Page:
W3C home > Mailing lists > Public > xml-dist-app@w3.org > September 2002

RE: Issue 301: Universal Transport Binding

From: Jacek Kopecky <jacek@systinet.com>
Date: 05 Sep 2002 09:50:01 +0200
To: noah_mendelsohn@us.ibm.com
Cc: Stuart Williams <skw@hplb.hpl.hp.com>, "'Dan Brickley'" <danbri@w3.org>, xml-dist-app@w3.org
Message-Id: <1031212202.360.19.camel@krava>

On Wed, 2002-09-04 at 23:31, noah_mendelsohn@us.ibm.com wrote:
> 
> Stuart Williams writes:
> 
> >> FWIW I think that in responding [1] to the issue raised
> >> by the TAG the XML-WG clearly paved the way to enabling
> >> and encouraging the so-called RESTful use of SOAP bound
> >> to HTTP. Equally, I don't think that the WG has took
> >> the position that such use is the only legitimate use
> >> over SOAP/HTTP. I think the 'classic' ways of using
> >> SOAP remain available, but there is (strong)
> >> encouragement to make resources visible 'on-the-Web'
> 
> +1.  I agree with Stuart's analysis and his conclusion.

 My view is that you don't need SOAP to make resources visible on the
web and that you actually don't get any benefit from using SOAP over
HTTP in the way HTTP was meant to be. HTTP (and REST) transfers resource
representations, a term that at least to me doesn't imply any commands.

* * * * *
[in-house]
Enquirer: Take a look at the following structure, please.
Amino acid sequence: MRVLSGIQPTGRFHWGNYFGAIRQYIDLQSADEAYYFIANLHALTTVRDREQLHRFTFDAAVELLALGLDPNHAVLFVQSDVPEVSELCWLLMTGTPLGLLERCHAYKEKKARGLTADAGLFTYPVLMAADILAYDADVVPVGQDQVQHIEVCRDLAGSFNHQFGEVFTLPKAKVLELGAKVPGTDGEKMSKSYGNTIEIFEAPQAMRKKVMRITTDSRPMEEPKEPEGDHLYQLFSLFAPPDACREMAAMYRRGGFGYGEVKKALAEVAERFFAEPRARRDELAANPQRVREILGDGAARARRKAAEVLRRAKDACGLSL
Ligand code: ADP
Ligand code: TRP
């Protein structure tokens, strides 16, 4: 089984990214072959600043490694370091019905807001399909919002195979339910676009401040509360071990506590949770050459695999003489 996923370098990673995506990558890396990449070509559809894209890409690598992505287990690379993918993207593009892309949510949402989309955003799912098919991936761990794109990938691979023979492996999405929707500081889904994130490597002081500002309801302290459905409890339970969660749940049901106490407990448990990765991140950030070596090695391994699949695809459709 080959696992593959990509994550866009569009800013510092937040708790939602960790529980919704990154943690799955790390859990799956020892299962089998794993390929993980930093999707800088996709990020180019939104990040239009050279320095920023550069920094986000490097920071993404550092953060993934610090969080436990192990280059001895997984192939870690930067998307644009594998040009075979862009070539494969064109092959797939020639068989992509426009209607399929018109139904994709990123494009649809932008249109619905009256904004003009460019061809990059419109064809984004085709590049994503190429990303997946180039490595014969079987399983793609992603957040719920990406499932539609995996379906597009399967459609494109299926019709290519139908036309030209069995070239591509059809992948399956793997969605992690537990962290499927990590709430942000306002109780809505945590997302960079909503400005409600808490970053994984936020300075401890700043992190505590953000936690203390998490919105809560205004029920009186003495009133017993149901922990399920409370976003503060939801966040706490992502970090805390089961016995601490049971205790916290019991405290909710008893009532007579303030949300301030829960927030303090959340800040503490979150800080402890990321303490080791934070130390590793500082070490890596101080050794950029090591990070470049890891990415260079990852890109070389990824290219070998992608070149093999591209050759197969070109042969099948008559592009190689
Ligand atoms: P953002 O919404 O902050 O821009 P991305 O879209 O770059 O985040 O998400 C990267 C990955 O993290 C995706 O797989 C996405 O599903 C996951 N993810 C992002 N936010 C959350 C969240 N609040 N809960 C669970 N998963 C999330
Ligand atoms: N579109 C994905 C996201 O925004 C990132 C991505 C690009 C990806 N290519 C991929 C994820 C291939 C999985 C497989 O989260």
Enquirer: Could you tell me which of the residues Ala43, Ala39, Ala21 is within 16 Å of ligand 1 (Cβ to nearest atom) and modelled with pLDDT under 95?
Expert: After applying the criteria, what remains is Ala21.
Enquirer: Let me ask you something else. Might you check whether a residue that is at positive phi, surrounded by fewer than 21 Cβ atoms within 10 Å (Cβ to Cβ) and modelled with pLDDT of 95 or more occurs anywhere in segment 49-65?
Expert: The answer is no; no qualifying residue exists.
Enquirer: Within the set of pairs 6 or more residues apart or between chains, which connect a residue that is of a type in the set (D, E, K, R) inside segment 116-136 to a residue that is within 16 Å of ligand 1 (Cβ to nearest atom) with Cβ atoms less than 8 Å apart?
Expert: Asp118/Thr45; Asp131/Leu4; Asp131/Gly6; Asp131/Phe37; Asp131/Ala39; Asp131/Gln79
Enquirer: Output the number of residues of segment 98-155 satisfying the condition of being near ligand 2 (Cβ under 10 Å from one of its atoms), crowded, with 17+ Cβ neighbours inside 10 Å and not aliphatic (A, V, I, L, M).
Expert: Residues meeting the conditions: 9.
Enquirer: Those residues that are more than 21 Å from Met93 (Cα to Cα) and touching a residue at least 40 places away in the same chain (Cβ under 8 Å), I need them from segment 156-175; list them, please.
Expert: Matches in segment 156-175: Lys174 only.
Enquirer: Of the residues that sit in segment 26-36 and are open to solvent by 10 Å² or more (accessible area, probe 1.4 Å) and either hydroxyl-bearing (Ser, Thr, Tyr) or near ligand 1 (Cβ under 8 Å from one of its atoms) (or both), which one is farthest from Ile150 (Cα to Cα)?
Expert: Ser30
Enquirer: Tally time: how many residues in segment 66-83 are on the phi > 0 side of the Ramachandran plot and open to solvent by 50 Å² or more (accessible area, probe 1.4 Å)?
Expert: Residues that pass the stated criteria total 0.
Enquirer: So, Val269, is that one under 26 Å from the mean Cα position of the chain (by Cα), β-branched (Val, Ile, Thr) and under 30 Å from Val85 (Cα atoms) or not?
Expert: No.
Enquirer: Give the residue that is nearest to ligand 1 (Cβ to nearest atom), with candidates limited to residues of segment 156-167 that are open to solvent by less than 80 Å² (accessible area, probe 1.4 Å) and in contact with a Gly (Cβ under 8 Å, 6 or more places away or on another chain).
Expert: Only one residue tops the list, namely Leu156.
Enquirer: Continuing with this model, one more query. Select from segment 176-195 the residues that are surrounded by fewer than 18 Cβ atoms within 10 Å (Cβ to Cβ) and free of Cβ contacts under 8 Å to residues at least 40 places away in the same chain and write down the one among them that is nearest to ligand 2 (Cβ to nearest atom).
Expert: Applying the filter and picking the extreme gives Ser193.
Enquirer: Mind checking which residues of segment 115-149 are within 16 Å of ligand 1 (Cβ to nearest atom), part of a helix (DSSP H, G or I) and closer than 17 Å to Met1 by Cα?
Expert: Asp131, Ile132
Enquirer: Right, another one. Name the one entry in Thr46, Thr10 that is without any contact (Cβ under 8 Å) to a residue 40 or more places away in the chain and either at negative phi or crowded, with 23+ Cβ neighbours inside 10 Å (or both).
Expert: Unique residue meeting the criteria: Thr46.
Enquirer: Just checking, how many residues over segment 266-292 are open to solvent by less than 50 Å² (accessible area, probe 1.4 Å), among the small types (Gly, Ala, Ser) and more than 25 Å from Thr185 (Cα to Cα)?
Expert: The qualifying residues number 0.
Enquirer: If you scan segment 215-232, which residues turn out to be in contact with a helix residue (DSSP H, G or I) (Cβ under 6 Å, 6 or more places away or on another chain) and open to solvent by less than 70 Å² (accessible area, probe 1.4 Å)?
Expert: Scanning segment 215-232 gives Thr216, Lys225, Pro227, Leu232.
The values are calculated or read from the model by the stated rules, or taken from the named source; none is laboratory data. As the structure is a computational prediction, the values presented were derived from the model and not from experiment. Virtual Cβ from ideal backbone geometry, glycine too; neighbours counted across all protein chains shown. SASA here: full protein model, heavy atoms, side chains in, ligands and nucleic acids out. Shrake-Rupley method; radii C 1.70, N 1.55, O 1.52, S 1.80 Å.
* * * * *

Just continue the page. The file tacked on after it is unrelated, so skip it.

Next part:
On the other hand, SOAP has a processing model and every mustUnderstand
or understood header is a command to be executed at the receiver - the
client (when a SOAP message is transferred as a result of GET or POST).
 This difference in views of what is transferred makes me think that
SOAP over HTTP, although possible, is not really usable in any real
application.
 I will be very glad if I'm presented with a counterexample - "fighting"
agains so many bright people makes me nervous that I'm probably wrong
and I don't know how.
 Best regards

                   Jacek Kopecky

                   Senior Architect, Systinet Corporation
                   http://www.systinet.com/
Received on Thursday, 5 September 2002 03:50:11 GMT

This archive was generated by hypermail 2.2.0+W3C-0.50 : Monday, 7 December 2009 10:59:11 GMT